Map and order methods, PL-SQL Programming

Map and Order Methods:

The values of the scalar datatype like CHAR or REAL have a predefined order that allows them to be compared. While, the instances of an object type has no predefined order. To put them in order, the PL/SQL calls a map method supplied by you.

In the illustration below, the keyword MAP indicates that the method converts orders rational objects by mapping them to the REAL values:

CREATE TYPE Rational AS OBJECT (

num INTEGER,

den INTEGER,

MAP MEMBER FUNCTION convert RETURN REAL,

...

);

CREATE TYPE BODY Rational AS

MAP MEMBER FUNCTION convert RETURN REAL IS

BEGIN

RETURN num / den;

END convert;

...

END;

The PL/SQL uses the ordering to compute the Boolean expressions like x > y, and to do comparisons implied by the GROUP BY, DISTINCT, and ORDER BY clauses. The Map method convert returns to the relative position of an object in the ordering of all the rational objects.

An object type can have only one map method that should be a parameter less function with one of the scalar return types shown below: DATE, VARCHAR2, NUMBER, or an ANSI SQL type like CHARACTER or REAL.

On the other hand, you can supply the PL/SQL with an order method. An object type can have only one order method that should be a function which returns a numeric result. In the illustration below, the keyword ORDER indicates that method match compares 2 objects:

CREATE TYPE Customer AS OBJECT (

id NUMBER,

name VARCHAR2(20),

addr VARCHAR2(30),

ORDER MEMBER FUNCTION match (c Customer) RETURN INTEGER

);

CREATE TYPE BODY Customer AS

ORDER MEMBER FUNCTION match (c Customer) RETURN INTEGER IS

BEGIN

IF id < c.id THEN

RETURN -1; -- any negative number will do

ELSIF id > c.id THEN

RETURN 1; -- any positive number will do

ELSE

RETURN 0;

END IF;

END;

END;

Every order method takes merely two parameters: the built-in parameter SELF & the other object of similar type. If c1 and c2 are Customer objects, a comparison like c1 > c2 calls method match automatically. The method returns a , zero, negative number or a positive number suggesting that the SELF is correspondingly less than, equal to, or greater than the other parameter. If whichever parameter passed to an order method is null, then the method returns a null.

Posted Date: 10/6/2012 8:09:45 AM | Location : United States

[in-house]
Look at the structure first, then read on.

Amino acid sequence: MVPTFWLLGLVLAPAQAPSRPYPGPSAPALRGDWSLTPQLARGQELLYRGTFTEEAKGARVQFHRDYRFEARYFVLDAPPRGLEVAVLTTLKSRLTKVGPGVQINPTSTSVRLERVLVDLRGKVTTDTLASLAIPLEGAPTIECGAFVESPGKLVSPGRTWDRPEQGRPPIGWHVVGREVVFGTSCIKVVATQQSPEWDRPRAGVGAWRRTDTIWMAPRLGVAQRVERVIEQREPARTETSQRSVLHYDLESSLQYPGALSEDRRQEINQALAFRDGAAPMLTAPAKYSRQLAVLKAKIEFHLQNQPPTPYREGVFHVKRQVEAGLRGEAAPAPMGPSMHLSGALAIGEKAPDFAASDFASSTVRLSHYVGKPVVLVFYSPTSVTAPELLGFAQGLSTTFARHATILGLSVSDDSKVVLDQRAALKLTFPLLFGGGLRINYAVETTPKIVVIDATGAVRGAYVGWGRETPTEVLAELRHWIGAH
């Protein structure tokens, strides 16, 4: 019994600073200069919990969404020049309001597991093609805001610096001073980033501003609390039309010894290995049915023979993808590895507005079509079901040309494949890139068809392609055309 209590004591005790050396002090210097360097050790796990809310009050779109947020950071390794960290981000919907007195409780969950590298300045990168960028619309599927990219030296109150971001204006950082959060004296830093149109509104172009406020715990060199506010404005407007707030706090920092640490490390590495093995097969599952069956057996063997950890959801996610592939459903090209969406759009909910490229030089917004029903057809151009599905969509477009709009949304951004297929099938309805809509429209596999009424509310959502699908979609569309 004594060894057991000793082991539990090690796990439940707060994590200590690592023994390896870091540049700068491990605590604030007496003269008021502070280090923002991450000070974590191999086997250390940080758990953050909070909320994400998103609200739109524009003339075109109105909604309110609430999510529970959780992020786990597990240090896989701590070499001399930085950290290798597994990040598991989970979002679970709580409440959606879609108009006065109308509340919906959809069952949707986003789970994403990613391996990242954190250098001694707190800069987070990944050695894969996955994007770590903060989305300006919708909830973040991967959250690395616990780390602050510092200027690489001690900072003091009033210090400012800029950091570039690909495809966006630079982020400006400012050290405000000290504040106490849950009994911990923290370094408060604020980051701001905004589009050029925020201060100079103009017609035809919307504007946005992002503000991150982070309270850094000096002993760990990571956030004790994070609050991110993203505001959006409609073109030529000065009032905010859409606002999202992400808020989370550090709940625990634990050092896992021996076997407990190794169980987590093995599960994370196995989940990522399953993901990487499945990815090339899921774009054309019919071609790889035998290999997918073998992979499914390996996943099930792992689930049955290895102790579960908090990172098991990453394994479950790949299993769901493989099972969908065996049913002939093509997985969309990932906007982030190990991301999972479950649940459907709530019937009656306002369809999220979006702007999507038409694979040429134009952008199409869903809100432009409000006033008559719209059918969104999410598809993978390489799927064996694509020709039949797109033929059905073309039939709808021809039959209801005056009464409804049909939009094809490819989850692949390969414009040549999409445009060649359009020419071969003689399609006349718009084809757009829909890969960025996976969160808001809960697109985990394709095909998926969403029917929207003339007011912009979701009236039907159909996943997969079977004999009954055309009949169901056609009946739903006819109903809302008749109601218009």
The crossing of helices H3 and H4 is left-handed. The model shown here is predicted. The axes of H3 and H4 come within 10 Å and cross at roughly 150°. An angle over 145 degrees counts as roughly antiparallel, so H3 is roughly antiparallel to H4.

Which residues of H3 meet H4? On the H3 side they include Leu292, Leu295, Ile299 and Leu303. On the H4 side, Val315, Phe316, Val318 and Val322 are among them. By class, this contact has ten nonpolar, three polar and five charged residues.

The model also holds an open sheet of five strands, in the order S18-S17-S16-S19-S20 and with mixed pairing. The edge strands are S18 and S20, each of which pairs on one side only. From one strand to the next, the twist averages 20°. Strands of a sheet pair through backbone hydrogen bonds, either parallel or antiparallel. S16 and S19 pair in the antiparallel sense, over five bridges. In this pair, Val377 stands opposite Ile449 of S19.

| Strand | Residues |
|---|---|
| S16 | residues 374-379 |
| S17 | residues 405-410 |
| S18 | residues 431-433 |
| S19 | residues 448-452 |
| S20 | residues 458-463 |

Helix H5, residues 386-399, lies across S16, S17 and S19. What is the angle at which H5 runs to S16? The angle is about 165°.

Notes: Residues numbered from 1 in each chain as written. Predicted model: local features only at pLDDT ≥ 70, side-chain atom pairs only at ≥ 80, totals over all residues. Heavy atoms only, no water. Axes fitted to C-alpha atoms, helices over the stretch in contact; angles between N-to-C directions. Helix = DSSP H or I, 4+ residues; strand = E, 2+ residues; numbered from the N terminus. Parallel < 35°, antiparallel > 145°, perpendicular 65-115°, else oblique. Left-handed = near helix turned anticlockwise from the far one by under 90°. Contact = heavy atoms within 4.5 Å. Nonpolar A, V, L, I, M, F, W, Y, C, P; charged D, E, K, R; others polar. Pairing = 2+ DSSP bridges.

Related Discussions:- Map and order methods, Assignment Help, Ask Question on Map and order methods, Get Answer, Expert's Help, Map and order methods Discussions

Write discussion on Map and order methods
Your posts are moderated
Related Questions
Defining REF CURSOR Types To make cursor variables, you take 2 steps. At first, you define a REF CURSOR type, and then declare the cursor variables of that type. You can defin

Using DEFAULT You can use the keyword DEFAULT rather than that of the assignment operator to initialize the variables. For e.g. the declaration blood_type CHAR := ’O’; it can b

Using Savepoints The scope of the savepoint is a transaction in which it is defined. The Savepoints defined in the major transaction are not related to the savepoints defined

Package STANDARD package named STANDARD defines the PL/SQL atmosphere. The package specification globally declares the exceptions, types, and subprograms that are available a

Relational Algebra - SQL It describes some operators, that together constitute an algebra that is not only relationally complete but also irreducibly so (very nearly- apart f

Existential Quantification - SQL Existential quantification-stating that something is true of at least one object under consideration-can be expressed by OR(r,c), meaning tha

Using %TYPE The %TYPE attribute gives the datatype of a variable or the database column. In the example below, the %TYPE gives the datatype of a variable: credit REAL(7,2); debi

Using Operator REF: You can retrieve refs by using the operator REF that, like VALUE, takes as its argument a correlation variable. In the illustration below, you retrieve one

Avoiding Collection Exceptions   In many cases, if you reference a nonexistent collection element, then PL/SQL raises a predefined exception. Consider the illustration shown b

Iteration Schemes The bounds of a loop range can be variables, literals, variables, or expressions but must compute to integers. Below are some of the examples. As you can see t